EMERGENCY SERVICES LEVY ON INSURANCE IN NEW SOUTH WALES
The New South Wales Government had planned to replace emergency services levy (ESL) in New South Wales (NSW) with a new property-based levy from 1 July 2017, but the Government has deferred this and re-established ESL.
This information page has been prepared by AIG Australia Ltd (AIG) to explain how ESL continues to apply to insurance in NSW. As with the previous ESL insurance funding scheme, AIG is committed to ongoing compliance with the re-established ESL requirements and having regard to applicable ESL guidelines
The information relates to NSW only.
What is ESL?
The ESL is a levy on general insurers to fund emergency services organisations.
ESL is based on the premiums for certain types of insurance policies.
Most Australian States and Territories have phased out this type of levy on insurance, also called fire services levy - other than New South Wales (NSW) and Tasmania. In NSW insurers (and their policyholders) still fund 73.7% of the total cost for emergency services.
What types of insurance policies does ESL apply to?
ESL applies to these types of policies:
· property (including consequential loss),
· house building and/or contents,
· personal effects (including jewellery, clothing and works of art),
· motor vehicle and motor cycle,
· marine and baggage,
· crop and livestock.
Different rates of ESL contribution apply across the types of policies, with property and house building and/or contents insurance being subject to higher rates than the other types.
How does an insurance company contribute and charge ESL?
Each insurer pays a total contribution to the NSW Government for ESL for each emergency services funding year, which commences 1 July. The contribution is set by the Government and adjusted according to the insurer’s market share within the year.
The insurer in practice needs to collect and fund this contribution by charging an ESL component on individual insurance policies, as a percentage of the base premium, which is the premium before government levies and taxes are added. This in practice normally applies to any premium, whether for a new or renewal policy or mid-term change.
The other levies and taxes are then added in the following order:
· base premium, plus
· ESL, plus
· Federal (Commonwealth) goods and services tax, plus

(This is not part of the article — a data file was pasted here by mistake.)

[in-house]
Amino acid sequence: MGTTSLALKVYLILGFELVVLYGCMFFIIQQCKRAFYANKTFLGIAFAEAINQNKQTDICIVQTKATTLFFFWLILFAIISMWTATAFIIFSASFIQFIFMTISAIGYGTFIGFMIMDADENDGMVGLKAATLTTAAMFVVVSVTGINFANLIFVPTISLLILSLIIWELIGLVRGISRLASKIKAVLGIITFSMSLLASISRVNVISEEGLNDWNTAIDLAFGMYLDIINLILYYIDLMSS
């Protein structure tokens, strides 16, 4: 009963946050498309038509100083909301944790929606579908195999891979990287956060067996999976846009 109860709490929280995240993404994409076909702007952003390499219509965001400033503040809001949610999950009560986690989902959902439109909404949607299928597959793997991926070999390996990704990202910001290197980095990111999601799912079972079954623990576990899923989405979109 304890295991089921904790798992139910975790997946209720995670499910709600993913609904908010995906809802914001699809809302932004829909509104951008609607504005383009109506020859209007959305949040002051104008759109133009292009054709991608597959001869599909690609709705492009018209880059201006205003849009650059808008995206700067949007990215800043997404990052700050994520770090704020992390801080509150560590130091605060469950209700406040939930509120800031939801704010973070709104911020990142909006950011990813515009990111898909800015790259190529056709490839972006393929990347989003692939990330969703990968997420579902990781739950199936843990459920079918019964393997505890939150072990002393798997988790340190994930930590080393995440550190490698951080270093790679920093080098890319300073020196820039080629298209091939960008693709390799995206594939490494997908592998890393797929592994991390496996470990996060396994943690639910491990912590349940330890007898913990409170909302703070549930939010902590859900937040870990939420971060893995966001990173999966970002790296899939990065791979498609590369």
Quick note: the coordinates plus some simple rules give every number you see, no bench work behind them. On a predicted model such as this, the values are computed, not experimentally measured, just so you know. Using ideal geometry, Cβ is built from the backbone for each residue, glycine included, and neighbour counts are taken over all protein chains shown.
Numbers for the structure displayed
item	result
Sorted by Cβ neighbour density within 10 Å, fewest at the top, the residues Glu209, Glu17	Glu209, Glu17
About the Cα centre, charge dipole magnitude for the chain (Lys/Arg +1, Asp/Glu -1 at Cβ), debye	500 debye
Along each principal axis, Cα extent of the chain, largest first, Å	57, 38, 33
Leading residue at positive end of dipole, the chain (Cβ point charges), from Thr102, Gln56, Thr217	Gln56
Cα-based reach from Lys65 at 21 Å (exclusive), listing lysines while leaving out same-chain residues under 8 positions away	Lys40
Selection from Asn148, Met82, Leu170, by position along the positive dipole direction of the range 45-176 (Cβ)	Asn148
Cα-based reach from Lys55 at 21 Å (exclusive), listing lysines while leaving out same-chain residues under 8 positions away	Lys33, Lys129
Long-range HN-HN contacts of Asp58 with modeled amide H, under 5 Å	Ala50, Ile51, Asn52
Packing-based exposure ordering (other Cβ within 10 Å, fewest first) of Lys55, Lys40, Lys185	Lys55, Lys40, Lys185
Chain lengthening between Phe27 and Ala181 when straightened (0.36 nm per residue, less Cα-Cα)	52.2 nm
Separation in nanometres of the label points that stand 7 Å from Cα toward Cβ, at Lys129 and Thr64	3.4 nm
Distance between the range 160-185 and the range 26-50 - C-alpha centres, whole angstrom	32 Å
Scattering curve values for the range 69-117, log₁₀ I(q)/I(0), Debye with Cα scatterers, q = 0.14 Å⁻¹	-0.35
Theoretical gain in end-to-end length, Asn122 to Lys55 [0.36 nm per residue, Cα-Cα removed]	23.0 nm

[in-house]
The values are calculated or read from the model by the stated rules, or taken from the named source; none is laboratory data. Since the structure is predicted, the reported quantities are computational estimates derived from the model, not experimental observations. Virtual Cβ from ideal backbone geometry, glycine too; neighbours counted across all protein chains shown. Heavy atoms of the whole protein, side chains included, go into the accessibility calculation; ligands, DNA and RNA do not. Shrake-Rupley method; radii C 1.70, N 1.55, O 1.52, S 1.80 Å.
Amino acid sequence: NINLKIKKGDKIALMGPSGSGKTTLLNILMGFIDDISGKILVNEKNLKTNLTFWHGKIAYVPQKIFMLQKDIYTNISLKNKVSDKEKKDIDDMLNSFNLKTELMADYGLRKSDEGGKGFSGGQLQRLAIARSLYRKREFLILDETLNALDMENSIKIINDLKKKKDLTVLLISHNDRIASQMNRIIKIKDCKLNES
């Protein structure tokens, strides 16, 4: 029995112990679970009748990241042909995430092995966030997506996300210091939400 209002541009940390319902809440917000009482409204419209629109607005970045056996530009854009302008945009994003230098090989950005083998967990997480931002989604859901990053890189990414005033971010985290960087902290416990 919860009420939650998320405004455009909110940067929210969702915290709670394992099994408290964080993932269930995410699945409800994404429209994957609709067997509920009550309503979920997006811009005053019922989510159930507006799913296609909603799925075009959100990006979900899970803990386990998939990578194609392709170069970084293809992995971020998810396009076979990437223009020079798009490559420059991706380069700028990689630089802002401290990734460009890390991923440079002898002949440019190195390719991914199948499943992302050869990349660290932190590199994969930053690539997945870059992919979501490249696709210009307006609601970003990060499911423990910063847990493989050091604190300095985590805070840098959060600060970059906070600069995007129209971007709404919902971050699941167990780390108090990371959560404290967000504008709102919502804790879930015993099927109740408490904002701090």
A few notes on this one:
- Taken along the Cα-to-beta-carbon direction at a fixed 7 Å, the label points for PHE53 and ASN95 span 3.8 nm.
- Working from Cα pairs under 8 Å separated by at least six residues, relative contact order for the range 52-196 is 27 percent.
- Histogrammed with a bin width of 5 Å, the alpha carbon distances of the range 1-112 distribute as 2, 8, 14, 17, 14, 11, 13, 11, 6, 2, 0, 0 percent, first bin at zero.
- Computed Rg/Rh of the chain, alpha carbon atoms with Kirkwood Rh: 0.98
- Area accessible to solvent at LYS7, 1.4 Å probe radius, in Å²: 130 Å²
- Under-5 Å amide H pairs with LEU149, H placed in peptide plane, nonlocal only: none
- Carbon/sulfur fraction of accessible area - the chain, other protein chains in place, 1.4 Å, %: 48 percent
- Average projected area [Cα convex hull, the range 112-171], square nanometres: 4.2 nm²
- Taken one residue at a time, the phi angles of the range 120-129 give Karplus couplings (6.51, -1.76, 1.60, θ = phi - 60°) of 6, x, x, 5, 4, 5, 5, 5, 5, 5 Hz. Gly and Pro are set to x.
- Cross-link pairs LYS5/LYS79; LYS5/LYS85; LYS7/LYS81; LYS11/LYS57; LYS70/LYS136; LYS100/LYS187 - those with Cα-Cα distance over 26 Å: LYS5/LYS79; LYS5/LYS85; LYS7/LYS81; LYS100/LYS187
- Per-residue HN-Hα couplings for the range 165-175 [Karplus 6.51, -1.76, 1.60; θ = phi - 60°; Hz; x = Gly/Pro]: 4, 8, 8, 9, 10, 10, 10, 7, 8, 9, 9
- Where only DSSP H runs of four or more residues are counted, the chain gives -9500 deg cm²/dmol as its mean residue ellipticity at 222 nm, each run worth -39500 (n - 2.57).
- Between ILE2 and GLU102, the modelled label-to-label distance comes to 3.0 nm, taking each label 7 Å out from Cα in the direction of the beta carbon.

· NSW stamp duty (where applicable).
ESL is therefore subject to GST and stamp duty on top of the ESL itself. Where a policy covers locations inside and outside NSW, the ESL will apply only to the NSW part of the overall premium.
The percentage of ESL charged may vary between insurers. This is due to several reasons, including differences in the insurers’ total contribution, market share and other factors.
By charging ESL components on individual policies, each insurer aims to collect no more and no less than its total ESL contribution.
What is the new property-based levy?
In December 2015 the NSW Government announced that it intended to replace the ESL insurance funding scheme with a new property-based levy to be paid alongside council rates from 1 July 2017. This was to be similar to other States and Territories.
In anticipation of the new levy, AIG and many other insurers had progressively decreased ESL rates in the lead up to 1 July 2017, and insurers and the Government had done considerable preparation work. AIG had ceased charging ESL in the months prior to that date in most cases.
When was it deferred and ESL re-established?
On 30 May 2017 the Government announced it was deferring the introduction of the new levy.
The Government stated that ESL will be re-established and continue to be collected via insurance policies until the completion of a reform policy review. This was done effective from 1 July 2017 and ESL applies again in NSW. At this stage, there has been no date announced for the introduction of the new scheme.
How can policyholders find out about any ESL or base premium movement?
For most types of policies ESL will be listed as a separate component together with the total estimated or actual premium.
Where ESL is not required to be separately listed, you can confirm the amount with your insurance broker or AIG.
Any ESL movement will generally be due to one or more of the following factors:
If there is a base premium movement, this could be due to one or more of the following:
AIG will in many cases confirm to your insurance broker the reasons for any material ESL movement or base premium movement. You can also confirm the explanation for either movement with your broker or AIG.
AIG’s movements in ESL charged reflect its view of the amount required to recoup its ESL contribution.
Can policyholders compare renewal premiums to last year?
Yes – your insurance broker probably already does this for you. As well, from 1 July 2019 price comparisons are included in applicable renewal documentation for these classes of insurance:
You can also request a comparison of the total premium and its components, including ESL, to compare to last year.
The Emergency Services Levy Insurance Monitor was established in June 2016 as an independent body. One of its functions is to monitor the prices for the issue of regulated contracts of insurance. Professor Allan Fels AO and Professor David Cousins AM have been appointed by the NSW Government as the Emergency Services Levy Insurance Monitor and Deputy Monitor, respectively.
Another of the functions of the Insurance Monitor is to assess any over collection of total ESL contribution by an insurer
If you would like further information
Contact your insurance broker in the first instance, or AIG via email at NSWESL@aig.com, if you have questions about your policy.
Information about the Insurance Monitor can be found at: www.eslinsurancemonitor.nsw.gov.au